Chippendale Walnut Drop-Leaf Table
Delaware Valley, late 18th century
28 3/4” high x 41 3/4” wide x 16 1/4” deep
With a shaped apron, raised on cabriole legs ending in claw and ball feet
Thomas Chippendale is one of the most influential and celebrated cabinetmakers of all time. His designs not only established the remarkable reputation of English Georgian furniture, but also that of its American colonial counterpart. Born in 1718 in the small town of Otley, Yorkshire, Chippendale was from birth destined to become a furniture maker. He was born into a family of joiners and carpenters, but recognition of his talents did not come until his relocation to London in 1748. There, he established himself in a workshop in St. Martin's Lane, the most fashionable address for any London cabinetmaker.
Chippendale's influence traveled abroad by way of his much celebrated The Gentleman and Cabinet-Maker's Director, first published in 1754. The publication was sold in Germany, Spain, Portugal, the Low Countries, France and ultimately in America. While English Chippendale furniture displayed a great variety of rococo, Chinese, and Gothic designs in combination with Georgian classical forms, American Chippendale remained more faithful to the architecturally solid Georgian.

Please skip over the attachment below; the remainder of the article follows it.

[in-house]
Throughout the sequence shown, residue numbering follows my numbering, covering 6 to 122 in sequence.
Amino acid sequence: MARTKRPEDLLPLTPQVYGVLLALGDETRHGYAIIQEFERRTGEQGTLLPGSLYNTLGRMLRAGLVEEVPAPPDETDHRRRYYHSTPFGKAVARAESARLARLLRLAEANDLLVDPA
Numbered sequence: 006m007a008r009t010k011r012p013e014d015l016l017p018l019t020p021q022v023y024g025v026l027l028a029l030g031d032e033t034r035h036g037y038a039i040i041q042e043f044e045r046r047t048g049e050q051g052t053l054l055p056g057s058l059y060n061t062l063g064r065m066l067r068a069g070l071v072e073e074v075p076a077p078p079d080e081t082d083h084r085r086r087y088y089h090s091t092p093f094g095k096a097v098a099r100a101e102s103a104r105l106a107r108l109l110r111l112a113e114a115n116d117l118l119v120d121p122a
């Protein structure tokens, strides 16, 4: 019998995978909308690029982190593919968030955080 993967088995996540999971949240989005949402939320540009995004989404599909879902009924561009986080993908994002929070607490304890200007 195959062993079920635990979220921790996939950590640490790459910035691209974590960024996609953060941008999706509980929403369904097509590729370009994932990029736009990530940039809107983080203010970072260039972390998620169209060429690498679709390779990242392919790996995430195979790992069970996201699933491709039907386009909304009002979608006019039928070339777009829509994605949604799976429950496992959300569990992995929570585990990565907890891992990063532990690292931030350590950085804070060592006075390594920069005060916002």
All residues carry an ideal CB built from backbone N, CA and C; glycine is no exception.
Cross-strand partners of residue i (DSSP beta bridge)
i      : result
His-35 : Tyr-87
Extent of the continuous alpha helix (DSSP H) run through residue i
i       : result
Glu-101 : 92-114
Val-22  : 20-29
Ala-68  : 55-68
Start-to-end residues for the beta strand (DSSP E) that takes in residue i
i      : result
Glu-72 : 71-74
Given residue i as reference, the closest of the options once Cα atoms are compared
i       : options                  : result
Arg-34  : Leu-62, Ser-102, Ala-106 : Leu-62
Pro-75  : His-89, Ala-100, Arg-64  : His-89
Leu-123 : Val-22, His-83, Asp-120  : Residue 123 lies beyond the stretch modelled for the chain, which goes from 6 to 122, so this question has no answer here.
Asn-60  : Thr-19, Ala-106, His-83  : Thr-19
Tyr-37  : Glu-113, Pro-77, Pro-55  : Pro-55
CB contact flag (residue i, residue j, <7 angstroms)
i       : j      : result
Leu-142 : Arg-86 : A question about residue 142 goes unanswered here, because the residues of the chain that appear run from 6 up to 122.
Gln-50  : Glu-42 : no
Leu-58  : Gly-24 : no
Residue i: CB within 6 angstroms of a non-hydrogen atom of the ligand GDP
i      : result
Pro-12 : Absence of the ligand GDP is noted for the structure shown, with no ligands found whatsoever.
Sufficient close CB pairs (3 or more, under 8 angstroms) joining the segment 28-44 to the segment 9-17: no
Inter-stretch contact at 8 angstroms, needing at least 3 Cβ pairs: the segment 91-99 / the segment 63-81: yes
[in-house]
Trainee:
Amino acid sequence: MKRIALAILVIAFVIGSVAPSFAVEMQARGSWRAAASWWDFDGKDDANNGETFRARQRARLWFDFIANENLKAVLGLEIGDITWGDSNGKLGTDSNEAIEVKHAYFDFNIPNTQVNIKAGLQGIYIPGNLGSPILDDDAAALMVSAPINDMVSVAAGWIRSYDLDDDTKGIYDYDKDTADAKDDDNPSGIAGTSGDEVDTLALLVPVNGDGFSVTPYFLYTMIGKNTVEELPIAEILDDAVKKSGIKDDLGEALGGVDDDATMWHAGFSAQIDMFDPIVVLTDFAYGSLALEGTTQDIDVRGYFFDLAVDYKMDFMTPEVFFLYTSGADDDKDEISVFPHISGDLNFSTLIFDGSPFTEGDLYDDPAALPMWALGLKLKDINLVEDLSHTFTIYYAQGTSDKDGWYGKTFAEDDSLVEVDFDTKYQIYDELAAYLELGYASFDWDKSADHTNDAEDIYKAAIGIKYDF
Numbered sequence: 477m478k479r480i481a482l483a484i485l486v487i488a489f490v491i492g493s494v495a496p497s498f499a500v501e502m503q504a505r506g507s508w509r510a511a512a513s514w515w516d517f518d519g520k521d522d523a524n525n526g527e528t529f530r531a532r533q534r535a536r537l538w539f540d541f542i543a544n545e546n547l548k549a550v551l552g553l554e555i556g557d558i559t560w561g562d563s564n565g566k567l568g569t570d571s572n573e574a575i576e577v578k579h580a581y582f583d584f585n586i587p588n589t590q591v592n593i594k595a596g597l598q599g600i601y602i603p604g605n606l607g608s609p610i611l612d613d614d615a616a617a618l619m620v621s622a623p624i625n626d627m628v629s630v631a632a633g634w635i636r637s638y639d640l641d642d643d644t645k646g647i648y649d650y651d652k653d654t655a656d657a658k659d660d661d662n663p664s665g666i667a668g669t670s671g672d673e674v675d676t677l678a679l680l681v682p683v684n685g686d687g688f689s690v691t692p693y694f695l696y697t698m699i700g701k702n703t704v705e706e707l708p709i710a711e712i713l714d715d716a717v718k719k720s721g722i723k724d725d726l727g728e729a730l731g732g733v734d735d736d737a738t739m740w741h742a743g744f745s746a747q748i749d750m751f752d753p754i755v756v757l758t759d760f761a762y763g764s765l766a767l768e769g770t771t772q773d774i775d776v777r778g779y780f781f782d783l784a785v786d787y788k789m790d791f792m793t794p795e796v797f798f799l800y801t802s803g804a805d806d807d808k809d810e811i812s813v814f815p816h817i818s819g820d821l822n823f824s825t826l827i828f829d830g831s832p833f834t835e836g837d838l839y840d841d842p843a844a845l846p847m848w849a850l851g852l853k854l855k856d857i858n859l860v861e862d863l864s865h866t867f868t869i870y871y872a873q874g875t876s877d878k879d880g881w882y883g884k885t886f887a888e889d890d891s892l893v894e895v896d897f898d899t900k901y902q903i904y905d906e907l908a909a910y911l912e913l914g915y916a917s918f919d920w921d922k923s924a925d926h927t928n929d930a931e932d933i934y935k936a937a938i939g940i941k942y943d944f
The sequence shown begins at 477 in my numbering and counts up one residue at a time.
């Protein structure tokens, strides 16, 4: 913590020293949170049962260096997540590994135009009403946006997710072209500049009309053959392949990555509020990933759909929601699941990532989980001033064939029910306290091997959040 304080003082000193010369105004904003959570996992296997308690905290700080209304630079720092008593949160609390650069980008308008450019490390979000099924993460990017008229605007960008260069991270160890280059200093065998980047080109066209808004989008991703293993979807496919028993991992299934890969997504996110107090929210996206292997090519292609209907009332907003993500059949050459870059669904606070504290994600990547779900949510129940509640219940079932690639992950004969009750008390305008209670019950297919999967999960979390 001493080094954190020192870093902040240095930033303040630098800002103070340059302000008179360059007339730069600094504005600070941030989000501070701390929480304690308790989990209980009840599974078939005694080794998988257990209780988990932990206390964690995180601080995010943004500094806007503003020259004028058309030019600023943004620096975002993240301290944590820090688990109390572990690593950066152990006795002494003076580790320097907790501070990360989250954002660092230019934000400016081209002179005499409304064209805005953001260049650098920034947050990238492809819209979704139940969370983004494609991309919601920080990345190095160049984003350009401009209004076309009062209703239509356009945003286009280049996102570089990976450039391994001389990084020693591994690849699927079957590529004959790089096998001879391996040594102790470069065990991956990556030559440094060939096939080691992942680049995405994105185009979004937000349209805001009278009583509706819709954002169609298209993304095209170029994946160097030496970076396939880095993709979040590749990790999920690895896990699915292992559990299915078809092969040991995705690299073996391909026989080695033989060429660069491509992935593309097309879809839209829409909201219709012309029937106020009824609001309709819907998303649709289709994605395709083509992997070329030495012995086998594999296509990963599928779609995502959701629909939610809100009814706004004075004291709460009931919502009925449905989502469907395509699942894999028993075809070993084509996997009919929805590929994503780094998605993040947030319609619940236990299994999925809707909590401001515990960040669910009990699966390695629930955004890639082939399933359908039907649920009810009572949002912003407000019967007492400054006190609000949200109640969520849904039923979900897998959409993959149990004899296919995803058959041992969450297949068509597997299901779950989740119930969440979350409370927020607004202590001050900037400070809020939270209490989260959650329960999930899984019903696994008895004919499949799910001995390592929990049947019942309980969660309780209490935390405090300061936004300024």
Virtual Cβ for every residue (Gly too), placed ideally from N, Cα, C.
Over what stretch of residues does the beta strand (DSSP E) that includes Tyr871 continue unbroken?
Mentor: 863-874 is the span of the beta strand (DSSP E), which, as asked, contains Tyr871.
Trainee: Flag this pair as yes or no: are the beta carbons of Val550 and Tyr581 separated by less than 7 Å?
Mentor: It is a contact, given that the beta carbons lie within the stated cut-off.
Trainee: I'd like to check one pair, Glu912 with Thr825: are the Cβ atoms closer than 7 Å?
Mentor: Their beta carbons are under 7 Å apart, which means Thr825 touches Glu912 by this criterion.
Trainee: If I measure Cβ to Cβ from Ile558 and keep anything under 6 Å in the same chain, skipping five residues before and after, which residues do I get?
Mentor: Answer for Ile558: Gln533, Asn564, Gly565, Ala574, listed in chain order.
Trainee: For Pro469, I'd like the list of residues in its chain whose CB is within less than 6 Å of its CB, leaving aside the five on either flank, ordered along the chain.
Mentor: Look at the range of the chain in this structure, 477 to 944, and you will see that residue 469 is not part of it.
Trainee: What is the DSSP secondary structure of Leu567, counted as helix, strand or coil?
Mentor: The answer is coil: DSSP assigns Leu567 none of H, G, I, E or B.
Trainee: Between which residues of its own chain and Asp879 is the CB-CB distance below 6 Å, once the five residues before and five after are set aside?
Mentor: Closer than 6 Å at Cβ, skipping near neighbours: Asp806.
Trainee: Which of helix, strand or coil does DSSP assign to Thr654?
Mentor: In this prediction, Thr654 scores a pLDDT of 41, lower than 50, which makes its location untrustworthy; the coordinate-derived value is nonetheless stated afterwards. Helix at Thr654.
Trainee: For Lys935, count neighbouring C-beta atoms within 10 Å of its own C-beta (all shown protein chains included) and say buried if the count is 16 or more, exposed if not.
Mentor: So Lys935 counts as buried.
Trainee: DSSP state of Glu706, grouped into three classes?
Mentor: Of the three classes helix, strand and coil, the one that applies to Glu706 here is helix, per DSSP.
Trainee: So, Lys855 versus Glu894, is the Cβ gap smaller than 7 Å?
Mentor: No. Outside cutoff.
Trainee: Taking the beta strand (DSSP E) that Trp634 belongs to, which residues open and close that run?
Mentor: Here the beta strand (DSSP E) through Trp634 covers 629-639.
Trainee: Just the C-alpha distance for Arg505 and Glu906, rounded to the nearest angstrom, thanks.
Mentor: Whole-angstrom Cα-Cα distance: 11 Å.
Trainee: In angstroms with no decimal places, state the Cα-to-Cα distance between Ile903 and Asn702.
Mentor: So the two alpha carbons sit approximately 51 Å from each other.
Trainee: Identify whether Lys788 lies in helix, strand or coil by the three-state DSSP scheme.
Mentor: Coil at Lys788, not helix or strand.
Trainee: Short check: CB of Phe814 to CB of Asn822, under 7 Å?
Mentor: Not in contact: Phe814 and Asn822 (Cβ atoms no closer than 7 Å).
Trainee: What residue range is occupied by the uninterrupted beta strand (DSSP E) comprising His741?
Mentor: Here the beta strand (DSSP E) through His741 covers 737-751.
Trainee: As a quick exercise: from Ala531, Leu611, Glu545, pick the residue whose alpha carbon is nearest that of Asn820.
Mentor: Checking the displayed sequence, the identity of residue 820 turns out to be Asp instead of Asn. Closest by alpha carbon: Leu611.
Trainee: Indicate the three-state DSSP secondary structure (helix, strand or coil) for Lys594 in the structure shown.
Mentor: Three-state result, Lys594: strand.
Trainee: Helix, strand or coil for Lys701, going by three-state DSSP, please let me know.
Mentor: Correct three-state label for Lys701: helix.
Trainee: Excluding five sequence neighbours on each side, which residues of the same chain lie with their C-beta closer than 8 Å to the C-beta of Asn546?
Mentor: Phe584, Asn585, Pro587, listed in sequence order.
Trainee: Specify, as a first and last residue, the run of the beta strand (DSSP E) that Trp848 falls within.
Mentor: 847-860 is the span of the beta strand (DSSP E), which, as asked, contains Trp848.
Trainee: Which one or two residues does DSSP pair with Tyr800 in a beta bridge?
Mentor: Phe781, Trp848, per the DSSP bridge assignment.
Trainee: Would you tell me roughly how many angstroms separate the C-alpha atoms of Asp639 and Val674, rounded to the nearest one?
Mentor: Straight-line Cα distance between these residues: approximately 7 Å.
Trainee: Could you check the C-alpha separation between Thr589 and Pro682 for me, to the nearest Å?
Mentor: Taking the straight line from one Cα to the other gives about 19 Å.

This table represents the best in American Chippendale furniture design and its lovely condition is testament to the esteem its various owners have maintained for it during the past two and a half centuries.